I just want to report that I’ve had some limited success modifying the wixel antenna as follows. The zig-zag portion of the PC trace antenna (the side that has no connection at the board edge) was severed with a quick grind of a dremmel tool. The other half of the PC trace, that part that makes one loop and terminates at a circuit ground was left intact. The middle trace that formerly branched off in two directions was scraped to make soldering possible, and a 1/2 wavelength piece of insulated #24 wire was soldered at that point. I also coiled this short piece of wire (62.5MM) around a pencil, which resulted in about 3 turns, and then stretched it out, over a distance of about 30MM. This is similar to what tbabun did, except that I left the ground loop part of the trace intact, and used 1/2 wavelength instead of full (A full wavelength of 2.4Ghz is 125mm, so i/2 that is 62.5mm.), and I also had experimented with consolidating the wire (coiling), as described.
My tests were conducted making the above modification to a transmit only application, in which a short packet (20 bytes plus overhead) was sent 10x per second. The receive side (receive only) application simply gathered these packets, and maintained statistics based on the average LQ (radioLqi() checked after each good or bad packet receipt), the total number of packets received over the course of 2 seconds, and the total number of errant (bad checksum) errors. A baseline test was performed with the unmodified wixels separated by an ordinary house wall (plate over wood frame), about 2 meters total. This was a threshold in at which some occasional errors were expected, so I’d more easily see the positive or negative effect of each modification tested. A second test would then be done with the transmitting wixel placed 30 feet away, with two walls in-between. This was a threshold where I would begin to see as high as a 50% error rate with the unmodified wixels. My statistics were monitored by using the USB on the receive side as a virtual serial port, using a terminal program. Every two seconds, a report would be prepared and displayed.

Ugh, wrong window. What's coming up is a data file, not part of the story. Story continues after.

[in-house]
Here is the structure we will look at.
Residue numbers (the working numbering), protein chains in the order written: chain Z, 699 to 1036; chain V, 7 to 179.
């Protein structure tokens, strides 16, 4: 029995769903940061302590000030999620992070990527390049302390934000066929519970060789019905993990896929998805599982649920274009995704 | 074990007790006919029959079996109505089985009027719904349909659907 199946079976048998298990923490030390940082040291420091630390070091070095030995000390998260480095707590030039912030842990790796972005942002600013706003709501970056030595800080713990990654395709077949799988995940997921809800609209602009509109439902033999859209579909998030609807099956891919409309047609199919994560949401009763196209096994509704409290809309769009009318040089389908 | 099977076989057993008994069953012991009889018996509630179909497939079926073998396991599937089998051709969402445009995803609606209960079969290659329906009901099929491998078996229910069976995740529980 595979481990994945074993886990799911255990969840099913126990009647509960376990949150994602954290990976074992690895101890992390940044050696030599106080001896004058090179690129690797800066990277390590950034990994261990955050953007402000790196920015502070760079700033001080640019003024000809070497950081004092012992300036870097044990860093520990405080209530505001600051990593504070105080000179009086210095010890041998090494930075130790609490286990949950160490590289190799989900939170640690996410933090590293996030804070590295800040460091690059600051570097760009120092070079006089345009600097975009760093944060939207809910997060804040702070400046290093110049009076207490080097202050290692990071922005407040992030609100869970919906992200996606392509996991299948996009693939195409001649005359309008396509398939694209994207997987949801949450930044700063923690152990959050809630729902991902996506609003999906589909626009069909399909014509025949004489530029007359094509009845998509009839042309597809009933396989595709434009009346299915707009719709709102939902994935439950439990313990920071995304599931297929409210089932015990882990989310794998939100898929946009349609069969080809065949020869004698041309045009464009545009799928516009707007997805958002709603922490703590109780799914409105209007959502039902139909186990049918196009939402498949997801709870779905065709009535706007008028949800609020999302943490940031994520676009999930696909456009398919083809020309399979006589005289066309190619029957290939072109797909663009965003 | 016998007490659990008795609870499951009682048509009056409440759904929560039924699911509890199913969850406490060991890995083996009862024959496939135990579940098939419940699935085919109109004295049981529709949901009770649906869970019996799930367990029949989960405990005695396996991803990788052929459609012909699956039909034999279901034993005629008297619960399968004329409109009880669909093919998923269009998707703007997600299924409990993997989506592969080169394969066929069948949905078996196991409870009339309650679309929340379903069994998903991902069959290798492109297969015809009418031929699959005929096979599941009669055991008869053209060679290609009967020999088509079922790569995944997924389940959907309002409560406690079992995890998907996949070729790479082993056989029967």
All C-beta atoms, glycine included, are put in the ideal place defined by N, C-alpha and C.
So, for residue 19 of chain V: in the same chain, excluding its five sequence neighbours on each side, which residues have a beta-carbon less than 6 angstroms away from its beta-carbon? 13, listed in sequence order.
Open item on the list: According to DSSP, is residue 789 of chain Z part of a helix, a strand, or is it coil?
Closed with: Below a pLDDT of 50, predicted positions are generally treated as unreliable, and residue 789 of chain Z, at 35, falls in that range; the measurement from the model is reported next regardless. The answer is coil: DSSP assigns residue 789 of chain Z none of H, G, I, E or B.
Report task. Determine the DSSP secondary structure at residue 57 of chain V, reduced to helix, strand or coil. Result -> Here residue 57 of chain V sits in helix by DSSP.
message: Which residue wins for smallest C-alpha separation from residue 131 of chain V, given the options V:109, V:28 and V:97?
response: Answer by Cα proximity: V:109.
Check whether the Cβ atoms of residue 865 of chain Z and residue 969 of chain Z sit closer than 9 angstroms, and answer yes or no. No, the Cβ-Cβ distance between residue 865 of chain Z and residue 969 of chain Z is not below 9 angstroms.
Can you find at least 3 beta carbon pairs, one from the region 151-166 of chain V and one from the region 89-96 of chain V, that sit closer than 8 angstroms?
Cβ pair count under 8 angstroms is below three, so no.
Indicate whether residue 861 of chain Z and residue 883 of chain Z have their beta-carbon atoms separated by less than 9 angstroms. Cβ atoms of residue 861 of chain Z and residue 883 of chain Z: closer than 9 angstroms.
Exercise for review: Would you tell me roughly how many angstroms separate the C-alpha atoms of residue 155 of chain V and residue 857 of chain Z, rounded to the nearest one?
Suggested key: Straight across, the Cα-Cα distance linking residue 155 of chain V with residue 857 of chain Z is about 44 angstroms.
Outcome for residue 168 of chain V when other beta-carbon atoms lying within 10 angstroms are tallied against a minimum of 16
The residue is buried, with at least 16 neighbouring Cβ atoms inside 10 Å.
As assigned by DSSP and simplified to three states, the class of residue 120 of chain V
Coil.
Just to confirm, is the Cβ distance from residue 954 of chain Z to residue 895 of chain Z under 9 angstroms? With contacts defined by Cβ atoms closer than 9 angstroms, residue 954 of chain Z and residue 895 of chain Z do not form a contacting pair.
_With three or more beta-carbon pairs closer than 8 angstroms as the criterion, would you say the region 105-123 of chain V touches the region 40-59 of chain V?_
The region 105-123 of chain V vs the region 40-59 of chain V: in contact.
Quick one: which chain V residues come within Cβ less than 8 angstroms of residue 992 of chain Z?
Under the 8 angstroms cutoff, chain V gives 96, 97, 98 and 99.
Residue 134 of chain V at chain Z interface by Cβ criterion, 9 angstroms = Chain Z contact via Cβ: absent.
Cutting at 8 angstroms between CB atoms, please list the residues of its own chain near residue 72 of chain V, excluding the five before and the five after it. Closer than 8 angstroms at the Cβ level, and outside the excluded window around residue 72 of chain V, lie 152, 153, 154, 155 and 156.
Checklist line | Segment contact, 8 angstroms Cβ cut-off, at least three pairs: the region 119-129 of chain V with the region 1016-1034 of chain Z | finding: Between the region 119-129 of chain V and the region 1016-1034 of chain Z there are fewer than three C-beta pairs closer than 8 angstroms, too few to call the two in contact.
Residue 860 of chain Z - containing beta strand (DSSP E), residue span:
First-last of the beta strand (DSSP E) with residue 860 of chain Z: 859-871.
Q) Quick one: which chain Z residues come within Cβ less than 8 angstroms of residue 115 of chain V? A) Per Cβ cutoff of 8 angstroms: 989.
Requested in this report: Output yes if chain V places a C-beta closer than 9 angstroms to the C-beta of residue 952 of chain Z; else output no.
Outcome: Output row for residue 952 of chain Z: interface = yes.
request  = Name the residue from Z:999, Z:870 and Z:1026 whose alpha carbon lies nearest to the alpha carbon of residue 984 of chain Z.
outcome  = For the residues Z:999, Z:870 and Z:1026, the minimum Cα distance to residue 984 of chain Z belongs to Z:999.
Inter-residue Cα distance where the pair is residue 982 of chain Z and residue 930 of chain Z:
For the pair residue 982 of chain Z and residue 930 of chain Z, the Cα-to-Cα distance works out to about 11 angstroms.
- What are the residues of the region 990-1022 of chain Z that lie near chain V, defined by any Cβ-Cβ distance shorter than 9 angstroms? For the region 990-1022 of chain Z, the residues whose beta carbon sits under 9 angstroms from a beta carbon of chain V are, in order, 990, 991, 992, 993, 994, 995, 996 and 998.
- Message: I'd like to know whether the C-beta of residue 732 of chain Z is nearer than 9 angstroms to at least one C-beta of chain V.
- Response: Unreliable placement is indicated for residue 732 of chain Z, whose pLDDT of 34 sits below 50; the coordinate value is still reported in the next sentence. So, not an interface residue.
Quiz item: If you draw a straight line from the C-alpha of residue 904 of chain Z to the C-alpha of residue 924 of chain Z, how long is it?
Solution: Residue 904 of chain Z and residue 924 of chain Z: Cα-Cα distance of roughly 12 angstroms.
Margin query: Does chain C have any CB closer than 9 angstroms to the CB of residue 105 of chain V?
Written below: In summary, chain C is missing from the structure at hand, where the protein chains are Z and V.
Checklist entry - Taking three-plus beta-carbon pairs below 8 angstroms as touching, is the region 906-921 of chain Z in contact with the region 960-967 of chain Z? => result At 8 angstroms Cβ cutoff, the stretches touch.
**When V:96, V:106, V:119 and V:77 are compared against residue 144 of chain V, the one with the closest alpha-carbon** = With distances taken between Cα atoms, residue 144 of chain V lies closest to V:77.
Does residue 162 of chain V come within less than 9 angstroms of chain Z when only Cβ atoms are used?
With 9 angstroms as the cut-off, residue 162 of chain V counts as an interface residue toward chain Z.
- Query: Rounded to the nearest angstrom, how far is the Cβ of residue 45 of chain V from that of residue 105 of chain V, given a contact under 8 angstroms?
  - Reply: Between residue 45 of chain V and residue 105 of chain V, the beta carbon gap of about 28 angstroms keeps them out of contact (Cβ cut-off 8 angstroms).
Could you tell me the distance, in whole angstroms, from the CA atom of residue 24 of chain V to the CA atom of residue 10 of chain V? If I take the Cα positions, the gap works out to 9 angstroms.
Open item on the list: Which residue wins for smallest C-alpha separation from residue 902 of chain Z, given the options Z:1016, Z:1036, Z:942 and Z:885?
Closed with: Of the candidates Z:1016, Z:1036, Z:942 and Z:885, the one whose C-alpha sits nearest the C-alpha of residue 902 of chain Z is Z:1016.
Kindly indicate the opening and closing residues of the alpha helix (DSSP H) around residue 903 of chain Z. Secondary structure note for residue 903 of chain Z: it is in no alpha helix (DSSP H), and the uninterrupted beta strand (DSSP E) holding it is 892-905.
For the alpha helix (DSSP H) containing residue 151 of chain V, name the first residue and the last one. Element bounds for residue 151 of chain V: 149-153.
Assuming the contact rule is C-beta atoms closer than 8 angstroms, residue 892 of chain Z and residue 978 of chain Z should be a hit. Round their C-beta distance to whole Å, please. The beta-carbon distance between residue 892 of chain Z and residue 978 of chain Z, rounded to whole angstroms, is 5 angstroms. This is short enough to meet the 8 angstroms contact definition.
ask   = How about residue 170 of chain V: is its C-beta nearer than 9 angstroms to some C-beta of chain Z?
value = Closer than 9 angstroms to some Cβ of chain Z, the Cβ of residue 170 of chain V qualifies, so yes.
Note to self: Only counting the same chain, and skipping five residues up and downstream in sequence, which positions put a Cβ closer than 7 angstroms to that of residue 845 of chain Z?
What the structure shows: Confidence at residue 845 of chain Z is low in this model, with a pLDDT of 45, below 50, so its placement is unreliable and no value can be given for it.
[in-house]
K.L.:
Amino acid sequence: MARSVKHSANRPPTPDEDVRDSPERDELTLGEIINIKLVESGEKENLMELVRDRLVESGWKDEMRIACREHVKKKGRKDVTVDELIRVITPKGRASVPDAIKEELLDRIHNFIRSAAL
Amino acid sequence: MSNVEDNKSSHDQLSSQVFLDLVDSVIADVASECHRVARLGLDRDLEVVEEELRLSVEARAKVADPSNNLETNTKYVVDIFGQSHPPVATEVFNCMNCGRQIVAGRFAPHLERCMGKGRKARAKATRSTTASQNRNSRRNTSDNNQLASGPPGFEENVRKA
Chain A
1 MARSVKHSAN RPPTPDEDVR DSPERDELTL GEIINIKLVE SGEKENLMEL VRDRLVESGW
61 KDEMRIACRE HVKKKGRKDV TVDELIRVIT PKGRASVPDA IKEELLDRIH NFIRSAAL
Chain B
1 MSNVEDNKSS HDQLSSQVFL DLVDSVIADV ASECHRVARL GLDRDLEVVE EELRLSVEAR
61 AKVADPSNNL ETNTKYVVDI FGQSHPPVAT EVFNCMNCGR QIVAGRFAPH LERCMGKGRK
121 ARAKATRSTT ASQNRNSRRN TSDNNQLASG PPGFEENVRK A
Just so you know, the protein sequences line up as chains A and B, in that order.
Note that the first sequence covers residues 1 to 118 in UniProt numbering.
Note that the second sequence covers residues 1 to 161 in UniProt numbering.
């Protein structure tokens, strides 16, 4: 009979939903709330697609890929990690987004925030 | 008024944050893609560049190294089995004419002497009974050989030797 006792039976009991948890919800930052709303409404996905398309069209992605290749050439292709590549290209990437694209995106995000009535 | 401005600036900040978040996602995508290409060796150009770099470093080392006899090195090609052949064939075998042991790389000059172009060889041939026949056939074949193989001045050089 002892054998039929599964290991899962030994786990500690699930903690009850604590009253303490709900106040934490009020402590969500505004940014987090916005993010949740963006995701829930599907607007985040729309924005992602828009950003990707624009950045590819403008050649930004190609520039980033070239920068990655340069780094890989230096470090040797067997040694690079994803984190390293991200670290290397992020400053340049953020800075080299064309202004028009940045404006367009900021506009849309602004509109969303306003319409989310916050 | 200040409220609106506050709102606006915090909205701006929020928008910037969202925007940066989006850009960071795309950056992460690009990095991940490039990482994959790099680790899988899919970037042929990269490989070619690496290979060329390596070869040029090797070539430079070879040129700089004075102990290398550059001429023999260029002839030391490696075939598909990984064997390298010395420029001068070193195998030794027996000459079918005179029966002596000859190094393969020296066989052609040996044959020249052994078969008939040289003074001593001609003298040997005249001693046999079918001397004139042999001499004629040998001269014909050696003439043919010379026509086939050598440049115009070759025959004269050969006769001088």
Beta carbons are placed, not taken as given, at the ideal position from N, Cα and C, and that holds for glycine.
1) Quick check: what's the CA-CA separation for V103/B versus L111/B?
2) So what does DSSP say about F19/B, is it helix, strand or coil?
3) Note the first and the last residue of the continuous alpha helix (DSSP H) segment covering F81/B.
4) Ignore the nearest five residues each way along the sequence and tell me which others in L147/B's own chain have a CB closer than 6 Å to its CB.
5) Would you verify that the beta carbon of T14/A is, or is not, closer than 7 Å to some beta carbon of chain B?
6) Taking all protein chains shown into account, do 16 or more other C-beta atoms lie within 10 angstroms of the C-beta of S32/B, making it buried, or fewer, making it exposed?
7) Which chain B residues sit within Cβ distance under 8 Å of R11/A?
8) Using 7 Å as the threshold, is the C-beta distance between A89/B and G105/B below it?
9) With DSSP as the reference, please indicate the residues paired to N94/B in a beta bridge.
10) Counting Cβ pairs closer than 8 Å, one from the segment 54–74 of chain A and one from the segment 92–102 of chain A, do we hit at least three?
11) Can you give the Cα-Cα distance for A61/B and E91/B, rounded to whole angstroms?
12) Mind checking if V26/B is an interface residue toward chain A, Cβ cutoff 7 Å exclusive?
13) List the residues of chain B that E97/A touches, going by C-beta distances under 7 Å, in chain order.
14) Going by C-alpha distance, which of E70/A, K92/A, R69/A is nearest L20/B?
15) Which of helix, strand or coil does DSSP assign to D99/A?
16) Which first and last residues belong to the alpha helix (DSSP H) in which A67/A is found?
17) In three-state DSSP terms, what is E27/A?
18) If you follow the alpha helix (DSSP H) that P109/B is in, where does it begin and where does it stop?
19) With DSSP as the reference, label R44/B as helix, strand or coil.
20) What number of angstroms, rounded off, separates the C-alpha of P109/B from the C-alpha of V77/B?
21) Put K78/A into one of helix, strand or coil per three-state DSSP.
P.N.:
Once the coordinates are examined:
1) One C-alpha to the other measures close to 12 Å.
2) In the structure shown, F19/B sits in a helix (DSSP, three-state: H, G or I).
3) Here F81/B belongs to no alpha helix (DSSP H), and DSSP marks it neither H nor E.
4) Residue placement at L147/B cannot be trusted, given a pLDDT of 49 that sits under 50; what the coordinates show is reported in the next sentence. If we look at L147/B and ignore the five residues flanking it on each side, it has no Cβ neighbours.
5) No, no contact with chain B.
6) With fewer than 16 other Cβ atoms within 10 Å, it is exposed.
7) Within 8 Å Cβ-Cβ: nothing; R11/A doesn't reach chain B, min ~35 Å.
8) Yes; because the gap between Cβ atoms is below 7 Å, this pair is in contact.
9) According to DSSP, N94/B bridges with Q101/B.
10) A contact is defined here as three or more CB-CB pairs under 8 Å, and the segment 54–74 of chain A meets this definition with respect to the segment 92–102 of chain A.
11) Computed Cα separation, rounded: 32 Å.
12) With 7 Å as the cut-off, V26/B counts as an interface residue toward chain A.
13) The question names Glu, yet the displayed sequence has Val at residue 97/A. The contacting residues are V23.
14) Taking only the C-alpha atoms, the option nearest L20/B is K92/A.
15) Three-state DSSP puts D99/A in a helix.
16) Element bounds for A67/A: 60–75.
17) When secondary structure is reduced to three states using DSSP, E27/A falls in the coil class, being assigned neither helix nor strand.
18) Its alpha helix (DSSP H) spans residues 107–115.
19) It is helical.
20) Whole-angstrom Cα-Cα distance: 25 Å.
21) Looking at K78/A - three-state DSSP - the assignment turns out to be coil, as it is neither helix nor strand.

To gauge overall quality of communication, I have to say that I have always found the LQ numbers to be all over the map. Other than statistically higher average numbers when the distance and wixel orientation is more ideal, it does not reliably correlate with the more important statistics of (a) how many packets are received within a given time frame when compared to the expected number, and (b) how many of the packets received were “good” (meaning, they did not result in an internal checksum error ( radioCrcPassed() returned 0).
So all that said, after trying several combinations of wavelength, with or without the ground loop severed, and with or without the added antenna wire coiled, and moving the transmitter antenna to a few different orientations, I found that with my 1/2 wave addition as described, there was a marked increase in the overall number of error free packets received when compared to the unmodified transmitting wixel, though I could NOT correlate this to a significantly higher an overall higher LQ statistic. This antenna combination also dropped my 50% error rate in the second test (30 feet apart, two walls between) almost half… so I’ll say about a 25% error rate. Further, the coiling of the antenna extension seemed to cause the improved receiver statistics to be less affected by changes in the transmitting antenna orientation.
Interestingly, some other variations were not as promising…
With the ground loop severed, neither a full wave nor a 1/2 wave antenna addition, coiled or not, seemed to be an improvement over the unmodified wixel. I assume this is because the loss of the PC trace ground loop put the overall antenna impedance way out of range.
I’m not an RF engineer, and so I have no clue why this would be (perhaps impedance again), but even with the ground loop trace intact, the half wave antenna noticeably outperformed the full wave addition.
Coiling the wire was an afterthought, to see if any added antenna was still worthwhile if it had to be crammed into a smaller space. As I mentioned, coiling the antenna did not seem to hamper the improvement at all, but it did seem to make the antenna orientation less significant.